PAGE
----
Battlefield 6: 10 Fatal Mistakes DICE Must Avoid

What can EA's flagship FPS do to beat Call of Duty in 2021?

Battlefield 6 Battle Royale

In an earnings call with investors last month EA CEO Andrew Wilson promised that Battlefield 6 would likely hit shelves during the holiday period of 2021.

And as that period approaches on wings as swift as an F-35 with a speed mod, now would be a good time to look at the things fans want from the next Battlefield sequel, and the things they absolutely don't.

Although Battlefield V was generally well received critically, sales were considered a disappointment by EA, with only 7.3 million copies sold by the end of 2018. While this seems like a decent number, expectations for Battlefield V were in the realms of 8 million copies, minimum.

It's clear that Battlefield needs to change course from its recent predecessors if it still wants to compete with the likes of Call of Duty (which itself has gone through something of a reboot), as well as the endless swathe of new Battle Royale shooters that now crowd the market like zombified cash hoovers.

The path to innovation is littered with many potential pitfalls however, and these are things DICE will want to avoid in order to make the next Battlefield one to remember.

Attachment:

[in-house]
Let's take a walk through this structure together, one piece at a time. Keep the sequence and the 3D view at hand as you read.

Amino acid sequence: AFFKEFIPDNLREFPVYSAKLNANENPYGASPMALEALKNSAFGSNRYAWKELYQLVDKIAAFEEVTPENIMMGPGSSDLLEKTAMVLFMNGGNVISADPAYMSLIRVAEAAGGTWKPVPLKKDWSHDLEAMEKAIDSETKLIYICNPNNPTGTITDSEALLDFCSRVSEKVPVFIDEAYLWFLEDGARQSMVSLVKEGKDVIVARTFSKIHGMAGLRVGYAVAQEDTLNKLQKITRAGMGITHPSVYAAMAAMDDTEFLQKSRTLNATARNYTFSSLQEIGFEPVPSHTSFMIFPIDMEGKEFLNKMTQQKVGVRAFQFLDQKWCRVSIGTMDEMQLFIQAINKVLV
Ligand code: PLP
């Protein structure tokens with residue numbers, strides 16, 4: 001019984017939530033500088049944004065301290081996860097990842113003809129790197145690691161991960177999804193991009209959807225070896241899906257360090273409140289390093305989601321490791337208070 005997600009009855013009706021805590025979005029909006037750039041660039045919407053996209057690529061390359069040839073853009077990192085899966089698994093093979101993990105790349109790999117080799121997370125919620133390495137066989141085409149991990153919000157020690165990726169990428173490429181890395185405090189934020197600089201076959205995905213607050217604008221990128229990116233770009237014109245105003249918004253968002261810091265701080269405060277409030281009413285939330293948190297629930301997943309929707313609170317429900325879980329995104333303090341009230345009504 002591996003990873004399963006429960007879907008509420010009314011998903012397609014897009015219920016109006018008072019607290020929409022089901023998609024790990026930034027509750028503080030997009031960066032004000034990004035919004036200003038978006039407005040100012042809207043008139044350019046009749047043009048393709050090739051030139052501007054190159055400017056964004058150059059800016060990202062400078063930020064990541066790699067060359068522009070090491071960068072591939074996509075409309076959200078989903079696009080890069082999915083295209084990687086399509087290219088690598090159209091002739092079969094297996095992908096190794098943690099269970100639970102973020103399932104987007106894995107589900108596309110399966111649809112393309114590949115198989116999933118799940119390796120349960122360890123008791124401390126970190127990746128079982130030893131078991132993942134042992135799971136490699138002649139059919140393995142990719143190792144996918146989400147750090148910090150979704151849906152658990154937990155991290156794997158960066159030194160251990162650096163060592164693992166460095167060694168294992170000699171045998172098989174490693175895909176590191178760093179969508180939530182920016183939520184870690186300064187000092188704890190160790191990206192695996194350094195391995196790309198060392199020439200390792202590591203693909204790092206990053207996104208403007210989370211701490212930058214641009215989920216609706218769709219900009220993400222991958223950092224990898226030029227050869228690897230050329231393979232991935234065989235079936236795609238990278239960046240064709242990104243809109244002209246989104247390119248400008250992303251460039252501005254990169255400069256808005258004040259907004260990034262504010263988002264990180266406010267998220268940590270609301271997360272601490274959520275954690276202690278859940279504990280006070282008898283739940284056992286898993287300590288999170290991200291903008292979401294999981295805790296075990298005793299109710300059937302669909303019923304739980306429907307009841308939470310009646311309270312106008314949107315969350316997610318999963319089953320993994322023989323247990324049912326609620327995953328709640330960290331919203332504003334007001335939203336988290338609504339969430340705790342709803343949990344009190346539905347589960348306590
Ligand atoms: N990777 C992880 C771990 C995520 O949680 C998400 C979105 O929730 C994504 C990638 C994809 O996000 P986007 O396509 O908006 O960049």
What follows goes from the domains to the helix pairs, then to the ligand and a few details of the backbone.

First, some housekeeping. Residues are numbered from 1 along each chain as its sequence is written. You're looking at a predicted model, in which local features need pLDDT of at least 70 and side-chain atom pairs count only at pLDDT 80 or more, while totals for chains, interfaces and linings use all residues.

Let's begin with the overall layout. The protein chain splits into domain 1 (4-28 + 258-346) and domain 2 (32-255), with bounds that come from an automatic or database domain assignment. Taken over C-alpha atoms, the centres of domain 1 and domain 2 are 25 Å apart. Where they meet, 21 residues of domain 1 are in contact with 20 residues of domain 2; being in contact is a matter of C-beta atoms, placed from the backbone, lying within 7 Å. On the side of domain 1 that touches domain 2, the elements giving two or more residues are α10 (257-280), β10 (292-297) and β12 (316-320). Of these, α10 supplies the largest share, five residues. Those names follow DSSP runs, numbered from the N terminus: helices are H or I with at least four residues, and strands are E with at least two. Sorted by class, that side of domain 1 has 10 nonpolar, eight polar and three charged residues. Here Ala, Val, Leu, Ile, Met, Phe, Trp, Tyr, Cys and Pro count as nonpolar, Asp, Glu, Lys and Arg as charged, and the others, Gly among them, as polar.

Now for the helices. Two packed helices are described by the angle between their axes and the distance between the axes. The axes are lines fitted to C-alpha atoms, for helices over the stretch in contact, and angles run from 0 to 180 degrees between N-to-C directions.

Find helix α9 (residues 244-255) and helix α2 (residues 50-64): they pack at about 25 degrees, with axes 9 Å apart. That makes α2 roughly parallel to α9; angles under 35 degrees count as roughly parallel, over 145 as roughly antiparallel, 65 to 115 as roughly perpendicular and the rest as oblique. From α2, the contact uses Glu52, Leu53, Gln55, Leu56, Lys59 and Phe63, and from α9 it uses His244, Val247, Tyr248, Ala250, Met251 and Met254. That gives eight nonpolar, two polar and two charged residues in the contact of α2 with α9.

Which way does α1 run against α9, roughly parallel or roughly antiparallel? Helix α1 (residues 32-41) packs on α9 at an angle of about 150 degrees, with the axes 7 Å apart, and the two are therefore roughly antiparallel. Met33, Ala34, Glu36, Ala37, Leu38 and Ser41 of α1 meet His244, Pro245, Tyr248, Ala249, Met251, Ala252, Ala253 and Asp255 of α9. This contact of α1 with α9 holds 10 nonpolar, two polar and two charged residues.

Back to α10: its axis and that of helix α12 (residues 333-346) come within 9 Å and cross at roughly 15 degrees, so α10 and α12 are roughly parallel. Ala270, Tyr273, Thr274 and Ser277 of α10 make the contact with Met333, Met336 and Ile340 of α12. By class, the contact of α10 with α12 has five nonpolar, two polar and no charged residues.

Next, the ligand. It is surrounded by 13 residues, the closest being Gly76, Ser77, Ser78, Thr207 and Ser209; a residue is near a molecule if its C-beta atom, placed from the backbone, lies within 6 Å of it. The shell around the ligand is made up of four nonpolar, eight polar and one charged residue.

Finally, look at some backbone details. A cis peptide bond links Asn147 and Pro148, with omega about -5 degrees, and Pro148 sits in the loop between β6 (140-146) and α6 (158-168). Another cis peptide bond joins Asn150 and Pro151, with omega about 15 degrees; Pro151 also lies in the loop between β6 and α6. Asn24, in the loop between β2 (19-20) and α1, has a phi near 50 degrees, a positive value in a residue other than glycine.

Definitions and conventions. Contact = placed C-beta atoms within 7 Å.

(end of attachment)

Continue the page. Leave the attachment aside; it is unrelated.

10. Pandering To The Competition

Battlefield 6 Battle Royale

Call of Duty has seen something of a resurgence in popularity in the last couple of years, following the release of Modern Warfare back in 2019.

And while it must be tempting for DICE (and EA) to see the dollar signs and want to follow suit, nothing would be more harmful to the Battlefield franchise.

What makes Call of Duty great is not what makes Battlefield great. The same can be said for Destiny, or DOOM, or Overwatch, or any similar game that has you blasting the heads off pixelated army vets and other more colourful characters.

While other shooters certainly offer a degree of strategy and teamwork on massive, open maps, none do it as well as the Battlefield franchise. So it would be criminal for DICE to abandon these core tenets in favour of the smaller, more streamlined gameplay of something like Call of Duty.

Undoubtedly it's tempting to look at the recent successes of adjacent franchises and to try and replicate that formula, but for Battlefield to stay relevant, Battlefield 6 would do well to go back to its roots and highlight what set the franchise apart to begin with.

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